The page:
Amelia - One bit of broccoli.

Chris - Broccoli's in the wet mix.

Amelia - Quite thick, but light at the same time.

Chris - Drop it in. Let's see what happens. He said two minutes and it'll go a sort of brownie crispy colour. Good. What we're doing now, carrot. Looking good. That is looking good. And you can see where the batter is frothy. It is all kind of fluffy but crispy. It's amazing. And the carrot - that looks good.

Amelia - Gorgeous as well. It's cooking fast.

Chris - It is cooking fast. Here's a plate.

Chris - Can we do more broccoli? That looks so delicious. I'm dying to have that. We've got the things we cook first now out on the plate.

Chris - I've already had dinner and I'm feeling hungry. We need to dip it with some sweet chilli. So let's just get that it's in here. Are you ready? I'm ready.

Amelia - Really good.

Chris - The batter is beautiful.

Amelia - It tastes just like prawns as well.

Amelia - Delicious. That's a lot better than I thought it was going to be.

Chris - I've enjoyed making it. It didn't take us very long to make it. Really, really tasty.

Amelia - Quick 15 minute meal and you're sorted.

Chris - Would you do it again?

Amelia - Absolutely.


24:34 - The multi sensory experience of eating

Could weighted cutlery affect our flavour expectations?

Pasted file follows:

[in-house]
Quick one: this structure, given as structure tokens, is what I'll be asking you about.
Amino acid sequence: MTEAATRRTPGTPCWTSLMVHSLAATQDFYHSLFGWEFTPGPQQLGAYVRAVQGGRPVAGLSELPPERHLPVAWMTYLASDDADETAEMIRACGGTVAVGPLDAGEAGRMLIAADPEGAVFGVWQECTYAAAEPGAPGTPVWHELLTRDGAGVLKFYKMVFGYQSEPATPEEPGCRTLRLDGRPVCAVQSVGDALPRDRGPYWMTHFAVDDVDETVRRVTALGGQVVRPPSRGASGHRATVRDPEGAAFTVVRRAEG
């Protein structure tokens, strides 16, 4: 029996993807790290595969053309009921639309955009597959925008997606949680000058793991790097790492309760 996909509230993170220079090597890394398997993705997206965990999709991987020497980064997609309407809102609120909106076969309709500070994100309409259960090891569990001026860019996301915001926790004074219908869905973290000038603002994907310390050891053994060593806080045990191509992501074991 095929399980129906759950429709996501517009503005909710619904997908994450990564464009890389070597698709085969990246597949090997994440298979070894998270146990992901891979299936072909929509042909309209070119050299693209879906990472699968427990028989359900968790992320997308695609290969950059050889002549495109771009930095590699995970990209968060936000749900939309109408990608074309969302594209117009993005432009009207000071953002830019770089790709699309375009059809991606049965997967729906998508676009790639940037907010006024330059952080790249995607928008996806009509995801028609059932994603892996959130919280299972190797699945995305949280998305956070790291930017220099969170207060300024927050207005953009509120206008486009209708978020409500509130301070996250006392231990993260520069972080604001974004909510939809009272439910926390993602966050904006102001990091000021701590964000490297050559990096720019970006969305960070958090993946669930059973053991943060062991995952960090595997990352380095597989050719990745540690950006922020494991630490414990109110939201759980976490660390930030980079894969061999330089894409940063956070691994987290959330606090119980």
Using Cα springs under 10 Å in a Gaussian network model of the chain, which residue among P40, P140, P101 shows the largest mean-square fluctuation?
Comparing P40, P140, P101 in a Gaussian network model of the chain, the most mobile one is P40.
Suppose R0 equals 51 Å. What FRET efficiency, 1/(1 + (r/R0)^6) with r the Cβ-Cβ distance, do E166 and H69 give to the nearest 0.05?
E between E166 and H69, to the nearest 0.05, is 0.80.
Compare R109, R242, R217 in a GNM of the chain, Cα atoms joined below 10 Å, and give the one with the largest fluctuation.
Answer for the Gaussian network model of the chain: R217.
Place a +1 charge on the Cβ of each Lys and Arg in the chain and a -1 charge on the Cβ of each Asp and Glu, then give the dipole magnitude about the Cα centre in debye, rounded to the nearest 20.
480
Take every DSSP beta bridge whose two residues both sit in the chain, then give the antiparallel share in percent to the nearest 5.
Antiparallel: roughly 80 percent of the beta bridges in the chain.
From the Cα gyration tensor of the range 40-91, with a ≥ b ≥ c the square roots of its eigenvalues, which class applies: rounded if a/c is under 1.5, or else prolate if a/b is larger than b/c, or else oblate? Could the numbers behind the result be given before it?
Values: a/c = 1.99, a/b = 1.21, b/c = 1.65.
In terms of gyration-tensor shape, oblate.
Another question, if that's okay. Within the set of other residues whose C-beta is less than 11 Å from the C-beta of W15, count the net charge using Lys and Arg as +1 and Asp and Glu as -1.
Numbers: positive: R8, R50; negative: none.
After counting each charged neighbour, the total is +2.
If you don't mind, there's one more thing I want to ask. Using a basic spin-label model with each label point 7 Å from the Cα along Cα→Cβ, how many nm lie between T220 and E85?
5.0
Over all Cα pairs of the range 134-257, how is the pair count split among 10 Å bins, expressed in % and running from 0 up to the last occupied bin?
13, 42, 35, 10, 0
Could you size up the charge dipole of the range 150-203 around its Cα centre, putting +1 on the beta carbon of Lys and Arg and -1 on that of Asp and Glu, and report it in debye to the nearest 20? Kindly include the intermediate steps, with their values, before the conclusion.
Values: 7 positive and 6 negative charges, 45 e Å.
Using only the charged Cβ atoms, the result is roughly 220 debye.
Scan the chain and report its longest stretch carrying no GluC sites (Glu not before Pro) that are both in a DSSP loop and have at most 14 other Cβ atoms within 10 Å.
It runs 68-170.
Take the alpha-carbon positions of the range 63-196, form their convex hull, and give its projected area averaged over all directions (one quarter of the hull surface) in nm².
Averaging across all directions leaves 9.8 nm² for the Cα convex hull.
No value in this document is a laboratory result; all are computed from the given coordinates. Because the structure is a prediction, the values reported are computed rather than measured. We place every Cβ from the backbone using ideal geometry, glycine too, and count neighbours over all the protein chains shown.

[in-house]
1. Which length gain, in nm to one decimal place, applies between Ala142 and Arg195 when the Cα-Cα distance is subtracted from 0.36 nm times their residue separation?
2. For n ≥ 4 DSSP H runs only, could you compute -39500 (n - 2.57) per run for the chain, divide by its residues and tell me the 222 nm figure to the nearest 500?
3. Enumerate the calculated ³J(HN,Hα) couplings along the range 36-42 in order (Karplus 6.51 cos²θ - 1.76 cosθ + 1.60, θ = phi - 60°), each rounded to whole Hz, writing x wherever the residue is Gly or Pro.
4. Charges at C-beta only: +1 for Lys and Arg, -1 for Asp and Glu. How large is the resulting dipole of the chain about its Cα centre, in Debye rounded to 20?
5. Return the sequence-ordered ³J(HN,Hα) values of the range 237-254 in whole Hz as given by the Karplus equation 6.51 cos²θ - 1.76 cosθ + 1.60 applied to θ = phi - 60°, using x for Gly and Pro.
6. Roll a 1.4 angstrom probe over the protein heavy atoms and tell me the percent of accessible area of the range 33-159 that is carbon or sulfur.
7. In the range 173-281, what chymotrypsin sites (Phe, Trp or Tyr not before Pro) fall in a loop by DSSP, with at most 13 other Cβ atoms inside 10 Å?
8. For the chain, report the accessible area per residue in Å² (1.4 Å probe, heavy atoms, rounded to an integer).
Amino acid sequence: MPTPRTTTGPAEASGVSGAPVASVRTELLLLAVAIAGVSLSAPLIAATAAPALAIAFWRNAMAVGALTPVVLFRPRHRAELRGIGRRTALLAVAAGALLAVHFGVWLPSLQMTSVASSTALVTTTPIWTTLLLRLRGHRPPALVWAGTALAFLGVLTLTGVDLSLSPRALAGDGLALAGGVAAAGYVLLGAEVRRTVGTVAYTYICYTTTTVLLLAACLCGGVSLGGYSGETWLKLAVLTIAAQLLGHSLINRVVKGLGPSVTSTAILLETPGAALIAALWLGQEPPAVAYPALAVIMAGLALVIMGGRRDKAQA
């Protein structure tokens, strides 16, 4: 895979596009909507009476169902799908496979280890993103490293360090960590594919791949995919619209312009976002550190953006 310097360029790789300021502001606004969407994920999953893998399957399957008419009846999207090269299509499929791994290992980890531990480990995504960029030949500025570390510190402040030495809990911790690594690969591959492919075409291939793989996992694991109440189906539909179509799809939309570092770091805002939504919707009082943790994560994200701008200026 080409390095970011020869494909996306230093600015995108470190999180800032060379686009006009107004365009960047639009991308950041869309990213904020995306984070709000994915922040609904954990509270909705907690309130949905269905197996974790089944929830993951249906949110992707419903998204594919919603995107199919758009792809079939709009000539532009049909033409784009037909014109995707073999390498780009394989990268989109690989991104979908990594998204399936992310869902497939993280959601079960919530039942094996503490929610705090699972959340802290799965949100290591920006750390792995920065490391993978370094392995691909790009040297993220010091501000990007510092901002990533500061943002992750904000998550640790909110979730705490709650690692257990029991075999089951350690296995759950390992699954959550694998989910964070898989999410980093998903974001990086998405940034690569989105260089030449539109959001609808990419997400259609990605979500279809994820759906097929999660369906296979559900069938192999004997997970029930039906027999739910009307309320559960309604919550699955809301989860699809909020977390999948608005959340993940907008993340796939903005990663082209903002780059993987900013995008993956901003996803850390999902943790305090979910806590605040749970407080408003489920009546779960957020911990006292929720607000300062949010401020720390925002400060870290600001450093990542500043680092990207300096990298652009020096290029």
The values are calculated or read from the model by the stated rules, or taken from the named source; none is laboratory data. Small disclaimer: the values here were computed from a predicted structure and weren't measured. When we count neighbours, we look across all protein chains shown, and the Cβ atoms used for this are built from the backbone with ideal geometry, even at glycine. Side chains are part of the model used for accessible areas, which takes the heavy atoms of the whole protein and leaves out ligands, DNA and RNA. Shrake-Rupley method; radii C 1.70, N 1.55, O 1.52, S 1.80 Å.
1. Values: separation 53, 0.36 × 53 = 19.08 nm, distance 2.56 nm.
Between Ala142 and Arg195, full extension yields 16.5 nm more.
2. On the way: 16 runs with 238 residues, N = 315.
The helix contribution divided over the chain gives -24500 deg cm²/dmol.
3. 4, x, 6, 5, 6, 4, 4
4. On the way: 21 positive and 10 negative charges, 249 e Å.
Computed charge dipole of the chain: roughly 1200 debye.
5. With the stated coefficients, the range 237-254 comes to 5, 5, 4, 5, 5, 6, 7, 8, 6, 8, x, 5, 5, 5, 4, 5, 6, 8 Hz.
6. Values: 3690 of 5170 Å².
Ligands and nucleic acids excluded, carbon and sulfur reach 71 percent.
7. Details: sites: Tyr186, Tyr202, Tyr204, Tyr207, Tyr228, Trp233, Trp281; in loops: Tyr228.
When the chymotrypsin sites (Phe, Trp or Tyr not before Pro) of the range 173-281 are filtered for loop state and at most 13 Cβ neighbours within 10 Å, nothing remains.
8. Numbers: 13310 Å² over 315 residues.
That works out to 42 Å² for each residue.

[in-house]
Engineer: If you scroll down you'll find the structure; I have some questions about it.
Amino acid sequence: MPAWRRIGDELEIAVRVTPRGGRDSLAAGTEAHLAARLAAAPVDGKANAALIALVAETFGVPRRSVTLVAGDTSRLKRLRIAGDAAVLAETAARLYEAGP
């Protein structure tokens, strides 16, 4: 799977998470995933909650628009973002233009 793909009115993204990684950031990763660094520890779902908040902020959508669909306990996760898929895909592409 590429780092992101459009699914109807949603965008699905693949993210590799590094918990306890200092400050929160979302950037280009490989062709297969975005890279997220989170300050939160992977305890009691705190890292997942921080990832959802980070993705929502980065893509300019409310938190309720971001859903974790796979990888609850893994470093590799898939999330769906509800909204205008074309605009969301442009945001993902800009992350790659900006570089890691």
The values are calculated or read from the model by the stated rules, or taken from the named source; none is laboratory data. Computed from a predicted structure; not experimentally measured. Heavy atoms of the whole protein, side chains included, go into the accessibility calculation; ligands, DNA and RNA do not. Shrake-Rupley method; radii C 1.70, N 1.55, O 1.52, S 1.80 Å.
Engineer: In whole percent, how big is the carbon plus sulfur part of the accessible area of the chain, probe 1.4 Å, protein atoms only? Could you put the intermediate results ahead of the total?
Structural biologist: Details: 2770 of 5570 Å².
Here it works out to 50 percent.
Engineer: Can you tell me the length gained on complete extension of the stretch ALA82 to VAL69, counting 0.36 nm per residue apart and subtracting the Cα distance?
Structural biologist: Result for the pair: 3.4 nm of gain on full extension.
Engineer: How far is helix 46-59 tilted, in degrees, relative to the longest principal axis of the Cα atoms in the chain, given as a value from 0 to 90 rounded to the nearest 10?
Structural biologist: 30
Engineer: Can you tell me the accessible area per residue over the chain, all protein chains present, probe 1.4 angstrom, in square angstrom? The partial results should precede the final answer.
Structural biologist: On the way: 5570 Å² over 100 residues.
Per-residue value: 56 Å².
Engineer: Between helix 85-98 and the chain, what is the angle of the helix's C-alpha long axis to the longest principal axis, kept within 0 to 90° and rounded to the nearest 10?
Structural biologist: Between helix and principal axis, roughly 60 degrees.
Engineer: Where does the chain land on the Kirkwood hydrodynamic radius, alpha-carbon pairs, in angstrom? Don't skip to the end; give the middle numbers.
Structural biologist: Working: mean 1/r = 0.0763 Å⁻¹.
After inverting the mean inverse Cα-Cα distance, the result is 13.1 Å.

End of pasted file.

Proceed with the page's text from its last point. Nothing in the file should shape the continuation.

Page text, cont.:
The multi sensory experience of eating
Charles Spence, University of Oxford

To provide some final thoughts on what they’d heard, Chris Smith asked experimental psychologist, and food and drink guru, Charles Spence whether who was cooking might make a difference to how food tastes…

Charles - I think we can think of the star chef as a kind of brand and, generally, if we like the brand things taste better as a result. I think we very often taste what we expect to taste as much as actually what we have in our mouth. We make a prediction about what food is going to taste like. So, if it comes from a star chef, we think it's going to be great. And then when we put the food in our mouth, we check it to see if it's what we expected. And if it is, then we live in the world of our flavour expectations as much as in the world of our experience itself. But of course it's not just the chefs who might boost our perception of the taste of the food, the fact that you were making the tempura yourselves probably also has a role to play. And there's research out there showing that if you give people partly prepared meals to finish off in their own kitchen and then you give them a dish that you say, well, you finish that dish off yourself, you are part of the process of cooking versus somebody else. If your colleague made it then we all think that the food that we had a hand in making tastes better than that was made by somebody else, even if it's identical food. It's kind of like the Ikea effect in the kitchen.